I love being a member of the PACS1 family. Our small group has grown from 14 families to over 40. Our most recent adoptee asked a reasonable question: “all these young children…I am wondering why it took so long to diagnose X”. This mother has searched for over 13 years for an answer to what made her son unique.
Why does it take so long?
Why do so many families struggle and wonder and fear and remain undiagnosed? I remember being so frustrated and scared and we were diagnosed with PACS1 when Bridget was 5 years old. Imagine, for a moment, your child being a teen or in their 20’s before you were told why they fought so hard.
And when you finally get an answer, the doctor gives you misinformation. You are told your child is one of 2 or 4 not 40.
February 7th is PACS1 day. This day was arbitrarily chosen as it was the date of Siebe diagnosis. Siebe was the first child diagnosed with the malformation. Here’s the sad part of the story. After finding the mutation, the doctors stopped the research and the advocacy. When Bridget was diagnosed, three years after Siebe, I was told she was the first girl and the third child in the world.
The research was incorrect. She was the 14th child. Without the power of Facebook I would never have met her PACS1 siblings. Bridget wasn’t the first girl or the first child in the USA diagnosed (as we were told) this beautiful fashionista, Jasey, has that distinction.
The doctors found the PACS1 mutation and stopped their investigation. The PACS1 family? Not so much. We are the voice of our children. We are the advocates, contacting any researcher, doctor, student or anyone who will help figure out where PACS1 begins and ends. For years the doctors thought PACS1 was related to seizures. The parents have proven that wrong.
The PACS1 parents are the safe place to land for the newly diagnosed. We welcome every new parent with a “Welcome to the Family” and encourage them to understand that no question will be answered with judgement. We share what we know works, where we felft we may have misstepped and acknowledge what we don’t know.
Here is what we do know:
- PACS1 is a genetic mutation that occurs when the zygote becomes a fetus, there is no cure or anyway to prevent the mutation.
- PACS1 children have a varying array of intellectual disabilty
- PACS1 children have dysmorphic features, hence the sibling comments you will see on our social media posts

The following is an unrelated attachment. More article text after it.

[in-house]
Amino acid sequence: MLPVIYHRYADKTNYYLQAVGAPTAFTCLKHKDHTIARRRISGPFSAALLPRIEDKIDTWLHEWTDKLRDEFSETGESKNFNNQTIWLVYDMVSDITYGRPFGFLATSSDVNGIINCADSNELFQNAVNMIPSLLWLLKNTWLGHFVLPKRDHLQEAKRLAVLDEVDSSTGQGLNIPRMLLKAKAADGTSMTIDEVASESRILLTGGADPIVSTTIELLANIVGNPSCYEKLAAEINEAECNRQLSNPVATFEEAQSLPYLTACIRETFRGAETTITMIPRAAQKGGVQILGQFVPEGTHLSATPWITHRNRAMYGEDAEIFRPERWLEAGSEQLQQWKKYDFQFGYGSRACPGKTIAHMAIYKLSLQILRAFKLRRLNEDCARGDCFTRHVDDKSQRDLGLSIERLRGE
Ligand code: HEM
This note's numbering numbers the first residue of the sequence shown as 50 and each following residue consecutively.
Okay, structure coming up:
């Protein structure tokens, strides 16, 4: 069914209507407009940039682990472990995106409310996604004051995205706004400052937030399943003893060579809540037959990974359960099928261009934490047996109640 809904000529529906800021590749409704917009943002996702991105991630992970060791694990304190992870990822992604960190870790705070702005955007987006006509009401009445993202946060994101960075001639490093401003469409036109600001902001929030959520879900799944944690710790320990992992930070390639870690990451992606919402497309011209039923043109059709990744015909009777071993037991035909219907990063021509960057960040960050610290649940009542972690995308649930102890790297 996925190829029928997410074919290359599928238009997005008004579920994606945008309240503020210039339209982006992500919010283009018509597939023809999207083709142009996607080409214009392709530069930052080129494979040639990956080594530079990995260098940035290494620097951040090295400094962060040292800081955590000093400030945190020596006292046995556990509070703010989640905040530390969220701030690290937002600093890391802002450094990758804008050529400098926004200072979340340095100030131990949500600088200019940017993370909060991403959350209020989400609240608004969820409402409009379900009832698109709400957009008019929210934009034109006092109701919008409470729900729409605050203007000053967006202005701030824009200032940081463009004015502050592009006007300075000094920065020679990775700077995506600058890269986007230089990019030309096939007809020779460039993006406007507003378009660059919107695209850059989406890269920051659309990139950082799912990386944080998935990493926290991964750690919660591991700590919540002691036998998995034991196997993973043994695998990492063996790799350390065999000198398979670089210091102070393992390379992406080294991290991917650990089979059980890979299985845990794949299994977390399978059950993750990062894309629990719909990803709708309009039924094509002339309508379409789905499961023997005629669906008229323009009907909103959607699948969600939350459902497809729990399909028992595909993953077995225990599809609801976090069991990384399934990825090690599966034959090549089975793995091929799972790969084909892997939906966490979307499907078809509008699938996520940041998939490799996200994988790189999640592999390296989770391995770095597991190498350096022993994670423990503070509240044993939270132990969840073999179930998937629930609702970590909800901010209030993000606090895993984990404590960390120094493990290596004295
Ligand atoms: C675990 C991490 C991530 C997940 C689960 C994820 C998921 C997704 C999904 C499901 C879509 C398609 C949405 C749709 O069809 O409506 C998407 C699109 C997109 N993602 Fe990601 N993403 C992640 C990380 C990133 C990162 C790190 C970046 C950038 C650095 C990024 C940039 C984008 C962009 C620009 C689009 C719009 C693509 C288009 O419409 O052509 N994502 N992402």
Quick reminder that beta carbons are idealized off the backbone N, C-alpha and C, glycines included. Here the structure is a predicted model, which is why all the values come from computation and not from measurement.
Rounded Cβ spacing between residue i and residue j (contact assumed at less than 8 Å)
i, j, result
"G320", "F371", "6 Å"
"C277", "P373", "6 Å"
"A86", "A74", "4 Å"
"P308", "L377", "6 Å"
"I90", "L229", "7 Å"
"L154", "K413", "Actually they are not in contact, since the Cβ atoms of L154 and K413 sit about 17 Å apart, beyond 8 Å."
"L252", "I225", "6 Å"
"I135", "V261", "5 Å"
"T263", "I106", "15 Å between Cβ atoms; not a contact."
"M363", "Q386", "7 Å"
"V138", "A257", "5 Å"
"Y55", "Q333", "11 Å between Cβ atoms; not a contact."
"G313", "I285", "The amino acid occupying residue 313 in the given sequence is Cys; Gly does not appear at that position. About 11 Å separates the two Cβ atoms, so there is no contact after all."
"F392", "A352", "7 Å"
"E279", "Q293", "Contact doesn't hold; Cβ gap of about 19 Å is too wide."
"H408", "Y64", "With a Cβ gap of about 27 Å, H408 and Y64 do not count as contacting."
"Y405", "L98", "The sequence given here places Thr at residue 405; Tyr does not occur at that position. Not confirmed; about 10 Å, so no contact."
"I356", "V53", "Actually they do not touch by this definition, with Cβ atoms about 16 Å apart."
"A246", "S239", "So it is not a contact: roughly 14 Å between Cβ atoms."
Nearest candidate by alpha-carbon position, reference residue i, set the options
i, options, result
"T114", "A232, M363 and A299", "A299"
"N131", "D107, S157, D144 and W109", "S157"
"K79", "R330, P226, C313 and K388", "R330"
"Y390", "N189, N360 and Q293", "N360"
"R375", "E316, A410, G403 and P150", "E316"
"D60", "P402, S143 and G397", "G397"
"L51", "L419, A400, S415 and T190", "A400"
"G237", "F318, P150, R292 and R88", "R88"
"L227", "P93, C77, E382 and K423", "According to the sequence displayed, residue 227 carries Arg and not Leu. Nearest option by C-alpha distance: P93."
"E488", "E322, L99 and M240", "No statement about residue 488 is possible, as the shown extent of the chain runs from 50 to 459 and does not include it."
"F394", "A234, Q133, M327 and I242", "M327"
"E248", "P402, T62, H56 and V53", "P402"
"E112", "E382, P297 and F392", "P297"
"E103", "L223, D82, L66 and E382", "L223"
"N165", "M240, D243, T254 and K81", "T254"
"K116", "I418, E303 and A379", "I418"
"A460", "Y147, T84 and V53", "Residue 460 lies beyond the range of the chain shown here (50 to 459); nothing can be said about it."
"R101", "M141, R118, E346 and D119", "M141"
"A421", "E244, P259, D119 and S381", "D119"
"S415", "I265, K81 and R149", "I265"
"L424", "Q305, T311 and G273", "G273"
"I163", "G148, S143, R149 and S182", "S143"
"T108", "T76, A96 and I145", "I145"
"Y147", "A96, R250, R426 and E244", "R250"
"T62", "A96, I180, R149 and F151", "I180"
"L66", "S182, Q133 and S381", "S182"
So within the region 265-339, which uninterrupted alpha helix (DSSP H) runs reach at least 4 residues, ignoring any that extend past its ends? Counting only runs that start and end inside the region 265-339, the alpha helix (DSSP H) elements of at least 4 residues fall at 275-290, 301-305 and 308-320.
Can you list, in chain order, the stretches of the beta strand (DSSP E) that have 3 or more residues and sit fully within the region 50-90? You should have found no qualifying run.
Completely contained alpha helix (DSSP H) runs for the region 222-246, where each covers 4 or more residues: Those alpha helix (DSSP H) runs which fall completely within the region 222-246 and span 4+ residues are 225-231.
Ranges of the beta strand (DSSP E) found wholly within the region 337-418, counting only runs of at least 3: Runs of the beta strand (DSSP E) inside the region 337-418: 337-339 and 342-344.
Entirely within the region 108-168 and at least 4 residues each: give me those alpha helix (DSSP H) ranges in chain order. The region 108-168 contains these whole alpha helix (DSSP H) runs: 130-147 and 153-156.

- PACS1 children need PT, SPT, OT and SPED to thrive
- PACS1 children tend to be the best huggers, affectionate and possess cute button noses
- PACS1 children will only be identifed with Exome (or similar) screening
- PACS1 children have unknown potential
- PACS1 children have parents who will be there for newly diagnosed families
Here, right here, is way advocacy is important. The Doctors may have stopped at identifiy the mutation. The parents are still working to provide a bridge to the parent who has no freaking idea what PACS1 means. The parent that feels alone and has been given misinformation about the PACS1 mutation.
The only way to encourage families who are undiagnosed is to make sure they advocate for their child to undergo Exome testing. Something hospitals and insurance companies resist paying for the testing. We had to drive to GA and pay out of pocket to obtain the results. It breaks my heart that a parent will not get this testing until their child is in their late-teeens early twenties.
If you know a parent who has been told by the doctors that something is wrong but they don’t know what that means. If you know a family who is struggleing to find a diagnosis, encourage them to adovacte for Exome testing. If they need direction, give them my contact info (firstname.lastname@example.org). This testing is essential to having your friend understand they are not alone.
Because being alone sucks. Being a part of a family does not.
If you know a parent who is struggling to find the answer to what makes their child unique, encourage them to have Exome sequencing. They may not have PACS1 but they might find the beginning of a new journey.